How this unique winter frost phenomenon forms - InfoNews

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How this unique winter frost phenomenon forms

These frost formations were spotted on Inks Lake.
Image Credit: FACEBOOK / Loekie Van Der Wal
December 26, 2019 - 6:30 PM

With cool days and cooler nights, we are in the prime time for this winter phenomenon.

Facebook user Loekie Van Der Wal‎ snapped some pictures of what they believed to be ‘frost flowers’ on Inks lake Nov. 30. Environment Canada's Armel Castellan helped us to better understand this particular type of frost, which is actually known as ‘hoar frost,’ and it only forms during specific conditions on a clear night.

Castellan says hoar frost is caused due to moisture in the air freezing and attaching to a surface radiating heat, which is what formed the frost on Inks Lake.

This close-up shot shows the details of the hoar frost.
This close-up shot shows the details of the hoar frost.
Image Credit: FACEBOOK / Loekie Van Der Wal?

Castellan says the word ‘hoar’ comes from an Old English adjective which means ‘showing signs of old age.’ Often, hoar frost accumulates on trees and bushes, mimicking the look of white hair. The hoar frost appeared spaced out at Inks Lake, dotting the lake with tiny ice structures.

“You have a body of cold, either snow or ice and then you have usually a clear night and you’re radiating any heat that’s left away," Castellan says. "We’re talking about relative heat. You could be at, say, -5 to start the night and then at the end of the night in the early morning hours you’re dealing with -10 or -12. In that cooling off, as the heat radiates away from the surface and because there’s no clouds that act as an insulating blanket, you lose heat and then it’s the process… and it's either going to deposit as ice if it’s cold enough and as dew if it's above zero.”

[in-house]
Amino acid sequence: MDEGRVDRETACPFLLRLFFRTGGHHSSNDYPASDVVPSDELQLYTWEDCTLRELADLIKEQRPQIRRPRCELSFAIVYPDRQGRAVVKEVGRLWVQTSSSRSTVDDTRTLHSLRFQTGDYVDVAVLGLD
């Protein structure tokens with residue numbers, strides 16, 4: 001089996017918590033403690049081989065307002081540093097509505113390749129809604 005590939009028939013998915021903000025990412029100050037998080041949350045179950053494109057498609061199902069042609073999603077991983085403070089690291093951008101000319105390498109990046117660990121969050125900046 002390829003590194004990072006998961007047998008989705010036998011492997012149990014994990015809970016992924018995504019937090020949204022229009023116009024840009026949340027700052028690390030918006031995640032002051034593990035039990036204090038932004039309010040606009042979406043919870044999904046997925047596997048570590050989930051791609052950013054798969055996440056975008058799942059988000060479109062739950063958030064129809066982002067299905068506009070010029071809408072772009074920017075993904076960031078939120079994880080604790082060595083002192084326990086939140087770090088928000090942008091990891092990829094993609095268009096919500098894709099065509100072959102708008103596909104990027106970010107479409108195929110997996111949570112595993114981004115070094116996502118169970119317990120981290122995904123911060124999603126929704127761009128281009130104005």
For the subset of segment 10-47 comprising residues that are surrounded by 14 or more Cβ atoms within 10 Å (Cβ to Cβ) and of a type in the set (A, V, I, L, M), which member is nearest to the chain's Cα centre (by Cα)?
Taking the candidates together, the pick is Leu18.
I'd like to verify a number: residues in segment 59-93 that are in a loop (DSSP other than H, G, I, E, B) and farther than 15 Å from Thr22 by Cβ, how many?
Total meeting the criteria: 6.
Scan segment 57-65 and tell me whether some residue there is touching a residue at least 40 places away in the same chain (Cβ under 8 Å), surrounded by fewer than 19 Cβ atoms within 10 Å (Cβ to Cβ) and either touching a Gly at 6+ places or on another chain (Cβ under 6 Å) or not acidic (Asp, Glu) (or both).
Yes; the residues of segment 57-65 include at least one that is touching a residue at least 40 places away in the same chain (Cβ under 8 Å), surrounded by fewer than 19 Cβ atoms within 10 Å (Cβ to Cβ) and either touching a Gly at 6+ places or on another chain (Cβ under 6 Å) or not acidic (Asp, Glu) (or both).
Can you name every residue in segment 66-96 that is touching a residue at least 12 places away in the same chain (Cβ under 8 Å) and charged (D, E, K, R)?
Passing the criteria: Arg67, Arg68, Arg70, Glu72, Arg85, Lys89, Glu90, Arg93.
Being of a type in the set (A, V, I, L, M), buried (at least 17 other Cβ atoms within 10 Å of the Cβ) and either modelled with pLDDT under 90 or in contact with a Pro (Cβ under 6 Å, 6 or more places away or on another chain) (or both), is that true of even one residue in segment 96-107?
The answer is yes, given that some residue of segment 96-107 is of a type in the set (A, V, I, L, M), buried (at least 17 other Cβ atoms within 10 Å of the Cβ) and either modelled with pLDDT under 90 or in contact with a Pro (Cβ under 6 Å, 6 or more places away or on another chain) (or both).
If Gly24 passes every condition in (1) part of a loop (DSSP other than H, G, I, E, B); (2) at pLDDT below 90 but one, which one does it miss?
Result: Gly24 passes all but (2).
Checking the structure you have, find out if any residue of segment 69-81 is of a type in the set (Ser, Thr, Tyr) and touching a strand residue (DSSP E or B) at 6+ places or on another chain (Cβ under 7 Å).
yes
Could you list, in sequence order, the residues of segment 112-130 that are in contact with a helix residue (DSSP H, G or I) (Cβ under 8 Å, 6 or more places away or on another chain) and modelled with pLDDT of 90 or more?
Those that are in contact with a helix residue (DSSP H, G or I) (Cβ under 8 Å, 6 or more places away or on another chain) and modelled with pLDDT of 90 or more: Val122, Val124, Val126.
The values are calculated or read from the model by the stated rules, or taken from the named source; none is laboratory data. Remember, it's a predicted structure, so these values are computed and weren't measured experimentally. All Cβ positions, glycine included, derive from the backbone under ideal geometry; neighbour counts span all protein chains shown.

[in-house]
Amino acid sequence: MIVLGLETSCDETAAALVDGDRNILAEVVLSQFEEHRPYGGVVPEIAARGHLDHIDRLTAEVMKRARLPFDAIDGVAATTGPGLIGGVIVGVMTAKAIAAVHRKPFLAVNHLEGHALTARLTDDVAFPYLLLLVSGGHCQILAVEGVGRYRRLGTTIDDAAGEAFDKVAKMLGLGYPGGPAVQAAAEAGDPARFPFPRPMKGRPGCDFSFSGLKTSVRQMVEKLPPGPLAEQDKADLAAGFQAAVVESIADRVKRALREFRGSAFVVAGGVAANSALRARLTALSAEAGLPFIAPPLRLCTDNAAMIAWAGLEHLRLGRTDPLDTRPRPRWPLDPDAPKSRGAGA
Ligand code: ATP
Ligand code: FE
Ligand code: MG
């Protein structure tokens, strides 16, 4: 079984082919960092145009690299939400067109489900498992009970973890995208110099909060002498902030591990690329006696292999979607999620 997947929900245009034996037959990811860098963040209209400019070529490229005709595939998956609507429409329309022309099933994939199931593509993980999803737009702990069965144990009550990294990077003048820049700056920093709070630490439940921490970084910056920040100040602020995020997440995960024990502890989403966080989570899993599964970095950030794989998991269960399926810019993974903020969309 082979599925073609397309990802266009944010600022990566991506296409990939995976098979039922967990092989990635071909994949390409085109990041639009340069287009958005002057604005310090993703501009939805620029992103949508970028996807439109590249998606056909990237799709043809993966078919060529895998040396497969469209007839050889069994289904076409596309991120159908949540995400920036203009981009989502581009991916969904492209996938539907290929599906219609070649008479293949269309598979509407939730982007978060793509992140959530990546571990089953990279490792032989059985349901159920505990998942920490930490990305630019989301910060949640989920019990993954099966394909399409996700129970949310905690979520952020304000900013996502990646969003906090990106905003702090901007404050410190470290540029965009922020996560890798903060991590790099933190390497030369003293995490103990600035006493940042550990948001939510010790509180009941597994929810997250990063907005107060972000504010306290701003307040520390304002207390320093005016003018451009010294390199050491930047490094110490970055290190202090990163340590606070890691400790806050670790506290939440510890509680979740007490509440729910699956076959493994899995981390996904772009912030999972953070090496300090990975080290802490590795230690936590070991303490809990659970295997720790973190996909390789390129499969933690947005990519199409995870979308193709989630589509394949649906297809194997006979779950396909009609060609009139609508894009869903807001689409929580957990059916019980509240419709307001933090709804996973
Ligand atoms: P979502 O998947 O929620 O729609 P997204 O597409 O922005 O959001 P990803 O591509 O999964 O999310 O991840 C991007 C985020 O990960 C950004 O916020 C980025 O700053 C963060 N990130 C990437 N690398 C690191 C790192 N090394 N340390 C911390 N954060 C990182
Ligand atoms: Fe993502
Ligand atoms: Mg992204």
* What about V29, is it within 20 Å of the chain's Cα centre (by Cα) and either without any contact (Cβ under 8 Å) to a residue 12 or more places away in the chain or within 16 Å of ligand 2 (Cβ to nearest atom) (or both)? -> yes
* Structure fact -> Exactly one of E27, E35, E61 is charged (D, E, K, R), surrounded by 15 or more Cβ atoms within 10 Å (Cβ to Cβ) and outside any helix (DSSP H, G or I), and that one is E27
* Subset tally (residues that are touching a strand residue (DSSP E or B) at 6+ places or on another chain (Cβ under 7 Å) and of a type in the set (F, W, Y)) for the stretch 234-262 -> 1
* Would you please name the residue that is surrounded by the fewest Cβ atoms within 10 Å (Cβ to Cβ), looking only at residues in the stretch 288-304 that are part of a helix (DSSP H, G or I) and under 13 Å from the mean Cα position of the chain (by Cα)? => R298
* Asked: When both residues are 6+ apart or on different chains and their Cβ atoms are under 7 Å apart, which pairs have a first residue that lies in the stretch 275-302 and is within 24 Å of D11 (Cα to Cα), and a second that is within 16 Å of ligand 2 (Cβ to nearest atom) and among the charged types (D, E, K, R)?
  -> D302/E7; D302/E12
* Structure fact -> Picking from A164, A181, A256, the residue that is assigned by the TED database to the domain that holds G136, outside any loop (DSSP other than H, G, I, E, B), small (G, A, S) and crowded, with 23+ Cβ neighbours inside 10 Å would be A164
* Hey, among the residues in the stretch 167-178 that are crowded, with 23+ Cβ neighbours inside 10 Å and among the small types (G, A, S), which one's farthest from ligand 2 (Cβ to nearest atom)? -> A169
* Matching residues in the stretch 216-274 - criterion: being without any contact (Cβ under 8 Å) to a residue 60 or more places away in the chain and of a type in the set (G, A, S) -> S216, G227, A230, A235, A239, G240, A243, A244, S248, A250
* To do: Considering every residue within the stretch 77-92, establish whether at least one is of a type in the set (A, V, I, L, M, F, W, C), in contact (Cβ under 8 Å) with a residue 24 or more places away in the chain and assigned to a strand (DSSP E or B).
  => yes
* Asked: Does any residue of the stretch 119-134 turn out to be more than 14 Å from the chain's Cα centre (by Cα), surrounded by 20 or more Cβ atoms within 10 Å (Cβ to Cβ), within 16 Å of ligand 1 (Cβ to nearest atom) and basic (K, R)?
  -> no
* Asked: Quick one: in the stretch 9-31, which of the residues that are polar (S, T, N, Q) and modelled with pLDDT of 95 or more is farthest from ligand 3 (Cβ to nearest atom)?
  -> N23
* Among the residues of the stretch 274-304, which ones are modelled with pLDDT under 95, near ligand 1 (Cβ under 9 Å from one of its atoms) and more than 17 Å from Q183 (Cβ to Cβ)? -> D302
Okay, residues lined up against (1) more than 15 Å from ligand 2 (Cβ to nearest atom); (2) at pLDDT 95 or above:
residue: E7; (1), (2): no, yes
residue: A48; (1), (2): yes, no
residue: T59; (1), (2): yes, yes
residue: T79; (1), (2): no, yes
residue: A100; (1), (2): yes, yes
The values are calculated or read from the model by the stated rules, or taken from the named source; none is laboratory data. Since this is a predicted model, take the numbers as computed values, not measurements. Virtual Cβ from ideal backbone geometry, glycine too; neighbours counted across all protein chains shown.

As the temperatures drop, surfaces such as ice and snow radiate whatever heat they have away. The escaping heat holds moisture, which then freezes if the night air is cold enough. The tiny ice structures often blanket an area, however, Castellan isn’t entirely sure why the hoar frost pictured on Inks Lake developed in more of a spaced-out manner.

Normally, hoar frost blankets an area or surface. On Inks Lake, it appeared to be more spaced out.
Normally, hoar frost blankets an area or surface. On Inks Lake, it appeared to be more spaced out.
Image Credit: FACEBOOK / Loekie Van Der Wal?

Although some people love to appreciate the hoar frost, Castellan says it can be extremely dangerous. When hoar frost forms on snowy slopes, it prevents the next snowfall from properly bonding to the layers below, which can result in an avalanche. When hoar frost develops, avalanche safety specialists take note, and monitor the area. Click here for more information on how frost and precipitation can affect avalanche conditions.

— This story was originally published on Dec. 6, 2019.


To contact a reporter for this story, email Jenna Wheeler or call (250) 819-6089 or email the editor. You can also submit photos, videos or news tips to the newsroom and be entered to win a monthly prize draw.

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